Since nearly the beginning of time, cars have been modded. They have been modded for aesthetics, performance and sometimes love. But one of the most popular car mods remains to be audio equipment. Whether it’s for a long drive or showing off to friends/rivals, the loudest car often wins.
But what about clarity and finesse? Certainly those booming subs don’t actually help you to enjoy the music. And as most dance music fans know, one of the best parts of music is feeling it in your bones.
So allow Peugeot and SubPac to help out with that.
Unveiling the Peugeot Fractal at the 2015 Frankfurt Auto Show in two weeks (Sept. 17-27), this will be the automotive industry’s first “music-based concept car.” Now, what does that mean? Essentially, this car is built around the music performance, not necessarily the drive performance. The electric car is characterized by its interior design (80 percent of which is 3D printed) and its tech-heavy driver’s station, which is being called the i-Cockpit® (despite having nothing to do with Apple).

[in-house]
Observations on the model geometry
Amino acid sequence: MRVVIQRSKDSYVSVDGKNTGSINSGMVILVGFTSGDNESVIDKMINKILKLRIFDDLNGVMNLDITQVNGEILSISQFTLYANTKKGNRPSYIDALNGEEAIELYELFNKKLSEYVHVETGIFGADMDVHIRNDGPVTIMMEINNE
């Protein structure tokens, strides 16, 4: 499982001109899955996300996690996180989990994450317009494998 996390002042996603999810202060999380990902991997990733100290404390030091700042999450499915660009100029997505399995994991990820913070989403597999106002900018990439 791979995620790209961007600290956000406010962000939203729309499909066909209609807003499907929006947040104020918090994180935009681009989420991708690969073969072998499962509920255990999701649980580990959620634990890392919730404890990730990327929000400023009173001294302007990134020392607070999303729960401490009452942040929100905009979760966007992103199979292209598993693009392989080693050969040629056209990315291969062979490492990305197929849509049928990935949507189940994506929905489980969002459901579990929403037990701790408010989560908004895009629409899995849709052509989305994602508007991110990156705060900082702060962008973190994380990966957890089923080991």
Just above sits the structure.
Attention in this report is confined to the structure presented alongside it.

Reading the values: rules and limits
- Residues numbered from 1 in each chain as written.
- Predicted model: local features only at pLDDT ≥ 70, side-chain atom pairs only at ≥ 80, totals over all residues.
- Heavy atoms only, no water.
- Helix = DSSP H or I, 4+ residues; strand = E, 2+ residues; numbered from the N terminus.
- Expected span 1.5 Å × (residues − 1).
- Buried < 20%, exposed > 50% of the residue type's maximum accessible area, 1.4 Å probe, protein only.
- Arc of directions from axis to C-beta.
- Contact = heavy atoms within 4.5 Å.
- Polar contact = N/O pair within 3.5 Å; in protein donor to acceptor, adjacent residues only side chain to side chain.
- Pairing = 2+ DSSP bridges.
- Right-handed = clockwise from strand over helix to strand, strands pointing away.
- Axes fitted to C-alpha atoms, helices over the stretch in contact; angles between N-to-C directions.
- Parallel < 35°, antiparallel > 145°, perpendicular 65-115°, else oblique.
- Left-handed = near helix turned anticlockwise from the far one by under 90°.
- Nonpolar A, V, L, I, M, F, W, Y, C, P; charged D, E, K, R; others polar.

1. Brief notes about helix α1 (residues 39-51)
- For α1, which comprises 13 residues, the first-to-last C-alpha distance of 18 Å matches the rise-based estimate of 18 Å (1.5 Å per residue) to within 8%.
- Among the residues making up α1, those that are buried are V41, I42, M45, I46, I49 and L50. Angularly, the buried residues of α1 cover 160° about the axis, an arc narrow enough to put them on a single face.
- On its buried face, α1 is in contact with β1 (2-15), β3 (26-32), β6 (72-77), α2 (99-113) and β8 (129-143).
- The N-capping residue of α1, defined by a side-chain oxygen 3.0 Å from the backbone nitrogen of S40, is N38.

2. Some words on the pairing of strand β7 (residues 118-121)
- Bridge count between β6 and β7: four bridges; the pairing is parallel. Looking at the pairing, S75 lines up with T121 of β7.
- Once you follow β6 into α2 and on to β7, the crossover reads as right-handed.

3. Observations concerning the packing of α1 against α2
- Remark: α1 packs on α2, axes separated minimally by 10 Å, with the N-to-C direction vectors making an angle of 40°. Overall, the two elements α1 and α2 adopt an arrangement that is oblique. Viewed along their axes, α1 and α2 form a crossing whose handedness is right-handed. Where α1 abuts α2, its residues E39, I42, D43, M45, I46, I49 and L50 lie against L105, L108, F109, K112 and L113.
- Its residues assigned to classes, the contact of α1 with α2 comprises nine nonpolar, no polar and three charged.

However, the best part about the car, in my opinion, are the SubPac devices built into the backs of each seat, for a “visceral and high-fidelity driving experience.”
“Music is a central part of the driving experience. Integrating SubPac technology into the automotive world has always been a part of our road-map, and we’re beyond thrilled to be a part of the forward-thinking Peugeot Fractal,” said John Alexiou, SubPac’s CEO. “Once people physically feel the true impact of music and sound, there is no going back to just hearing it.”
The fully electric car features a smartwatch remote system, and custom loudspeakers by FOCAL, which are able to “alerts road users (pedestrians, cyclists) of its presence by different sounds specific to the vehicle’s status (acceleration, deceleration and cruising speed).”
Clearly, this car has been built around the music lover’s comfort, and the tech lover’s, too.
And if you were at all hesitant about the design of this masterpiece, allow me to dispel that. The interior and exterior sound designs were created by none other than Amon Tobin.